Skip to main content

LATEST UPDATES: California Recall Election Results | Tracking COVID-19 | Vaccines | Racial Injustice

President Obama Taps San Diego Neuroscientists for Brain Mapping Initiative

We're sorry. This audio clip is no longer available. A transcript has been made available.

What do GPS technology, the Internet and CT scans have in common?

They all came about in part through government funding. Federal research money has helped scientists answer questions that would've seemed outlandish just decades ago — questions like: what's in the soil on Mars?

Scientists still don't fully understand what's going on inside the human brain. But thanks to a robust White House initiative, local researchers could help get us closer to answering that basic question.

But, as President Barack Obama noted Tuesday, scientists still don't fully know the answer to one age-old question: What exactly is going on inside the human brain?

"The BRAIN initiative will change that," he said, announcing a 10-year research effort that will enlist the country's top neuroscientists to map activity in the human brain.

The Obama administration wants to do that "by giving scientists the tools they need to get a dynamic picture of the brain in action, and better understand how we think and how we learn and how we remember."

Photo credit: Salk Institute

Researchers can currently observe small groups of neurons firing in real-time. But they're hoping to get bigger pictures by developing better brain imaging technology through the BRAIN initiative.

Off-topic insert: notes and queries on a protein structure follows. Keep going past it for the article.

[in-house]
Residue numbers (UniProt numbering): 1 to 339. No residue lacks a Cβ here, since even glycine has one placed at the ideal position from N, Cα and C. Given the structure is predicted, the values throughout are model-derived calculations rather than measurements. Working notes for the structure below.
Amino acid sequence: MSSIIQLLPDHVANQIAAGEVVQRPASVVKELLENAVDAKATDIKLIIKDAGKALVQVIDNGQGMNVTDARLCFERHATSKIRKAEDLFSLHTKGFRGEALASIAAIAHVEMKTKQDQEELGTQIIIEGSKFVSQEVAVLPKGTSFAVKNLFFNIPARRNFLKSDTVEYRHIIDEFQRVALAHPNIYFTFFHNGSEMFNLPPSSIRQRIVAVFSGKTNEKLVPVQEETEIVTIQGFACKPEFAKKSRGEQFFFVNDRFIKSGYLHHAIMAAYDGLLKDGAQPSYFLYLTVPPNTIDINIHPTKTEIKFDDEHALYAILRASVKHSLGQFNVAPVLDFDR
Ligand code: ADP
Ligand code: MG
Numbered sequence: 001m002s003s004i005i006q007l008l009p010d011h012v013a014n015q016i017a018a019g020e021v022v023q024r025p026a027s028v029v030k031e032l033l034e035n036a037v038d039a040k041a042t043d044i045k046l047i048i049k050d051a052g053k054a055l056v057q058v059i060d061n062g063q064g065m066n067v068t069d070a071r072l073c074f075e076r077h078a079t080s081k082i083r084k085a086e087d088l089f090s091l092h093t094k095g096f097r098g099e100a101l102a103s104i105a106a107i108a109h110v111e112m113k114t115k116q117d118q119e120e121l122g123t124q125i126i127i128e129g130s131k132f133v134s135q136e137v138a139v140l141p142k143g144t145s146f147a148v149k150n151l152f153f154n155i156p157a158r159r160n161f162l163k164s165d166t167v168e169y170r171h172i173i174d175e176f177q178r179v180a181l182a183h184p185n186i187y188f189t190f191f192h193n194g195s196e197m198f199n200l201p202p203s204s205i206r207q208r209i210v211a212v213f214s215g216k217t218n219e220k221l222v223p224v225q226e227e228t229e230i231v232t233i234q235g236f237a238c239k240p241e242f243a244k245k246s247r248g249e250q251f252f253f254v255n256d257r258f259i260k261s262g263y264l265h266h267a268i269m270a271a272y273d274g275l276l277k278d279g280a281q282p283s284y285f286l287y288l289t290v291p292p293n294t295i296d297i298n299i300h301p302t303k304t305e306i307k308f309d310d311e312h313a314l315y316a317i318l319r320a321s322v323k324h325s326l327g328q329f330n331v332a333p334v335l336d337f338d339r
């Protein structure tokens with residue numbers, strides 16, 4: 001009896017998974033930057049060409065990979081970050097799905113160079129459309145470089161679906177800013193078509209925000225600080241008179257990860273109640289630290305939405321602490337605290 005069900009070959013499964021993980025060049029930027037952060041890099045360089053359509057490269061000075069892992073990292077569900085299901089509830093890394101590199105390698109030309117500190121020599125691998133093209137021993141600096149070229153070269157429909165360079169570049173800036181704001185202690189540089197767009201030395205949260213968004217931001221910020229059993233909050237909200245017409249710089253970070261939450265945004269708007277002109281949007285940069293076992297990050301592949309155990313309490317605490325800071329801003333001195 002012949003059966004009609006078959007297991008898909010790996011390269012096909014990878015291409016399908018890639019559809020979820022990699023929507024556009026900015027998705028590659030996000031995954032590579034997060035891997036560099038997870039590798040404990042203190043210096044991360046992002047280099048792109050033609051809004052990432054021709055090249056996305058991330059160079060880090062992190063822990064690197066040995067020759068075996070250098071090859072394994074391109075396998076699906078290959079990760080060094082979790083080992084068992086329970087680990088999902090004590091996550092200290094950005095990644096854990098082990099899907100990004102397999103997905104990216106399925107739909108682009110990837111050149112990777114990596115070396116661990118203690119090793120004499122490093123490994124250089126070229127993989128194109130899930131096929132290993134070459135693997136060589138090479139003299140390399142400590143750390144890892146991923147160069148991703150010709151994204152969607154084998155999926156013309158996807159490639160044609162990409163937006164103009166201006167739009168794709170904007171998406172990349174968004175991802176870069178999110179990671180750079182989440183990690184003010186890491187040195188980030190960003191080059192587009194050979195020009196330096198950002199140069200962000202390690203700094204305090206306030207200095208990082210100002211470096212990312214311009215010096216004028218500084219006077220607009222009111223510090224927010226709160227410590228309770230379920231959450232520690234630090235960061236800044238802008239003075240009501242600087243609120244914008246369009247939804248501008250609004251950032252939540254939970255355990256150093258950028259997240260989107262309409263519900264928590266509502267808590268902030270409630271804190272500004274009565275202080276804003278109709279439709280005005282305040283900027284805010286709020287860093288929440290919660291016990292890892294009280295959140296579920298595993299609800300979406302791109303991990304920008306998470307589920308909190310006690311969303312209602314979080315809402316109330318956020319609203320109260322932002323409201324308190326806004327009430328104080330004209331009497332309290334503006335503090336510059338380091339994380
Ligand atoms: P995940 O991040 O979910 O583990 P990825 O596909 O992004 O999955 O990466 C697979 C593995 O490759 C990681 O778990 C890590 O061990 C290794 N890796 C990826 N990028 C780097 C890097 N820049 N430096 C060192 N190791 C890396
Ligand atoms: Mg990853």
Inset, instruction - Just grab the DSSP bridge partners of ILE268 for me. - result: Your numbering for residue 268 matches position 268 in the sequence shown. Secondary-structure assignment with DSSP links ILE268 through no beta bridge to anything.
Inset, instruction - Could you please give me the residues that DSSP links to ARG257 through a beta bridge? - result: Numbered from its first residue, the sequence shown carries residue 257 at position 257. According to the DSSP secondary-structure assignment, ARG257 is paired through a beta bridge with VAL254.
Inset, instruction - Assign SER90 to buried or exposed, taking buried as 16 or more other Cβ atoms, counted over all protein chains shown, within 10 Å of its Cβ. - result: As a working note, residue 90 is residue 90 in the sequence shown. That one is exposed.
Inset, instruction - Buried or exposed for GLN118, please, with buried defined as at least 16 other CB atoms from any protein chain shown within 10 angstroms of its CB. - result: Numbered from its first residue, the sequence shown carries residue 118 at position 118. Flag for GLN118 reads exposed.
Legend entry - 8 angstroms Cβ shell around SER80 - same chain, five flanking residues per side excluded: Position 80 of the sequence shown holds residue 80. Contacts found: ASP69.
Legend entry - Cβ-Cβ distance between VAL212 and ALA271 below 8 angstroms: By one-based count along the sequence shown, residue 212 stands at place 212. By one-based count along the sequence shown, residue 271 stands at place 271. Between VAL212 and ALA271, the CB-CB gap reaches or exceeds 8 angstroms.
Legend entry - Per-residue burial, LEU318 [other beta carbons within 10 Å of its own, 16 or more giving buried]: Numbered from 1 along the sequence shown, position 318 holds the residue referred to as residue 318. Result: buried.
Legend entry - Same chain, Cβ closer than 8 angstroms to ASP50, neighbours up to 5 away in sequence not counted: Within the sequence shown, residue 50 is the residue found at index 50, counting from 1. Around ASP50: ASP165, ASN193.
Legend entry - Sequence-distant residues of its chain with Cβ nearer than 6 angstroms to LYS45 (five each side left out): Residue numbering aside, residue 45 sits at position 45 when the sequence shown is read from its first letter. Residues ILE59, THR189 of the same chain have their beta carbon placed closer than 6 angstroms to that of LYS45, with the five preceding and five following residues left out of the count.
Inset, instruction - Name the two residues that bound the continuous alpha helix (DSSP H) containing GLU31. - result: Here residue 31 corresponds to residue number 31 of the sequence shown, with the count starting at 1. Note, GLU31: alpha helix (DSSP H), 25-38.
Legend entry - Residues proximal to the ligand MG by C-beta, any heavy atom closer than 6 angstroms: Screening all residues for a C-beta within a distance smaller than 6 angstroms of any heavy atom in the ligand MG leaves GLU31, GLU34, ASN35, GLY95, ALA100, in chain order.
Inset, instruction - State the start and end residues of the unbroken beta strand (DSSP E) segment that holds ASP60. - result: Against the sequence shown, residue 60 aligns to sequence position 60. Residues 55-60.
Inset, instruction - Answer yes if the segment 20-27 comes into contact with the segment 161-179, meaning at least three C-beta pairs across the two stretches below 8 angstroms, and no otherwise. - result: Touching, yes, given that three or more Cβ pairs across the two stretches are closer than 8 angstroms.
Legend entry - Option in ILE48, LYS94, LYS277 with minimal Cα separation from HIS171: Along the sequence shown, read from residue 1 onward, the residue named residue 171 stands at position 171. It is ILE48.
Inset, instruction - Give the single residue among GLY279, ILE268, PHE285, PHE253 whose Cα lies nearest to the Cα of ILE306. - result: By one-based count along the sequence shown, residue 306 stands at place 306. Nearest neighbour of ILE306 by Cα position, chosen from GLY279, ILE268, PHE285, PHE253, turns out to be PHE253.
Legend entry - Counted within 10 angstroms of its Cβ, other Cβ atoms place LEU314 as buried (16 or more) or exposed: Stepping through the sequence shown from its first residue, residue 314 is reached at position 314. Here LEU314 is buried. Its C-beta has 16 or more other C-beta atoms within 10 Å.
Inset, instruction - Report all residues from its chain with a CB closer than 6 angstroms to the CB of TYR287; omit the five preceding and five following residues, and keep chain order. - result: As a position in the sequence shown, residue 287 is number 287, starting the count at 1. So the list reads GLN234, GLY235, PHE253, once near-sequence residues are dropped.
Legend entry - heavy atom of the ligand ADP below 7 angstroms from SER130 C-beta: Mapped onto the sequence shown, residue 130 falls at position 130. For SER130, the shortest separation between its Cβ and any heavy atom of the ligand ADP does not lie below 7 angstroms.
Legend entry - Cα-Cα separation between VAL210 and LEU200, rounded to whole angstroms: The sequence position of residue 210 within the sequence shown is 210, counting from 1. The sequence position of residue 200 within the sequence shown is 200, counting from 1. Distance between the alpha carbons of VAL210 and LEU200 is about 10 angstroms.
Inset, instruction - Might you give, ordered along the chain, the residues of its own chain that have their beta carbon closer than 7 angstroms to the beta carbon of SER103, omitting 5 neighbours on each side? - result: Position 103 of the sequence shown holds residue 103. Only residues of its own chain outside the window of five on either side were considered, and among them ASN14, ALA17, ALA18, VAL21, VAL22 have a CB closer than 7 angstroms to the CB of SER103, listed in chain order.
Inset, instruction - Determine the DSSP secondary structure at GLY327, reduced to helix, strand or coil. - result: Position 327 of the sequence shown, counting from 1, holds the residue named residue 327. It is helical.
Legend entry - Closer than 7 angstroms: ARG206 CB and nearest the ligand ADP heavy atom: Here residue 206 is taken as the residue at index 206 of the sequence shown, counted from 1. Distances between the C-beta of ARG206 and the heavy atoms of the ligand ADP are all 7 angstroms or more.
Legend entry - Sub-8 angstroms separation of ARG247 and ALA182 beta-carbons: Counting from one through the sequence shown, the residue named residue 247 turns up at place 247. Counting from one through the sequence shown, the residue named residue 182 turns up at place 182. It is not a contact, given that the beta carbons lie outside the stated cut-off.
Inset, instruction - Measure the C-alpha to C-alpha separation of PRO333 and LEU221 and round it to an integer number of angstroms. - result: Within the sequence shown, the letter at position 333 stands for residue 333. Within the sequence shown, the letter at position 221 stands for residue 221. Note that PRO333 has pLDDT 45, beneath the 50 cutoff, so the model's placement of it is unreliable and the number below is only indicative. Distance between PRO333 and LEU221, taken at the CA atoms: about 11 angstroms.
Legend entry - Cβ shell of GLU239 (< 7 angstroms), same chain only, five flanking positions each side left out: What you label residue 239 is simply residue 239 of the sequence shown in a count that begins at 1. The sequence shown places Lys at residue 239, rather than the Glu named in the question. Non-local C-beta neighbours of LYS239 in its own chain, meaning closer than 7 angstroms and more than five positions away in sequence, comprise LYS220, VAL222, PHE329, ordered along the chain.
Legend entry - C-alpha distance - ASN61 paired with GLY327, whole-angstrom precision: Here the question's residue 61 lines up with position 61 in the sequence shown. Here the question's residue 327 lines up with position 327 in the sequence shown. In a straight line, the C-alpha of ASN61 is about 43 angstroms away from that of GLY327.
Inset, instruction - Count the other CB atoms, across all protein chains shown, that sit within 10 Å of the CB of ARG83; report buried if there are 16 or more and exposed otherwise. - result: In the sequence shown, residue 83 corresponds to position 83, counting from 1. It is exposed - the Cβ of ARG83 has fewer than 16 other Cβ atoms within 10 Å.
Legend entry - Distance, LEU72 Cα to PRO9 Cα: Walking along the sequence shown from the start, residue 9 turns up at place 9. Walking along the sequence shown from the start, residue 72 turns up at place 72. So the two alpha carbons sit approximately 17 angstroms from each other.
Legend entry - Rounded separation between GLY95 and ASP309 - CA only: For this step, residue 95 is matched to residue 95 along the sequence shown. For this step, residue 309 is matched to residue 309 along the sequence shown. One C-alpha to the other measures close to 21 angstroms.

Calling this one of the 21st Century's "grand challenges," the President compared the BRAIN initiative to the Human Genome Project and the Apollo moon missions.

He said the project could lead to more effective treatments for brain disorders such as Alzheimer's and autism, better prosthetic limbs and computers that read our thoughts.

Aside from these borderline science-fiction applications, the BRAIN initiative stands to create lots of new jobs. Obama said this effort will help counteract cuts triggered by sequestration, which he fears could “hold back a generation of young scientists.”

San Diego's Salk Institute is one of the private sector partners helping to fund BRAIN, which stands for Brain Research through Advancing Innovative Neurotechnologies.

Salk is chipping in $28 million to kickstart the initiative. Neuroscience is still a relatively young field, but Salk professor Terry Sejnowski says now is the perfect time to launch a project of this scale.

"The technology is much better," he said. "There are resources we didn't have before."

Sejnowski attended the White House announcement along with UC San Diego's Ralph Greenspan, another key BRAIN initiative architect.

KPBS' Maureen Cavanaugh, Patty Lane and Peggy Pico contributed to this segment


San Diego News Now podcast branding

San Diego news; when you want it, where you want it. Get local stories on politics, education, health, environment, the border and more. New episodes are ready weekday mornings. Hosted by Anica Colbert and produced by KPBS, San Diego and the Imperial County's NPR and PBS station.

  • Need help keeping up with the news that matters most? Get the day's top news — ranging from local to international — straight to your inbox each weekday morning.

This site is protected by reCAPTCHA and the Google Privacy Policy and Terms of Service apply.

Midday Edition banner

KPBS Midday Edition is a daily radio news magazine keeping San Diego in the know on everything from politics to the arts.

Want more KPBS news?
Find us on Twitter and Facebook, or sign up for our newsletters.

To view PDF documents, Download Acrobat Reader.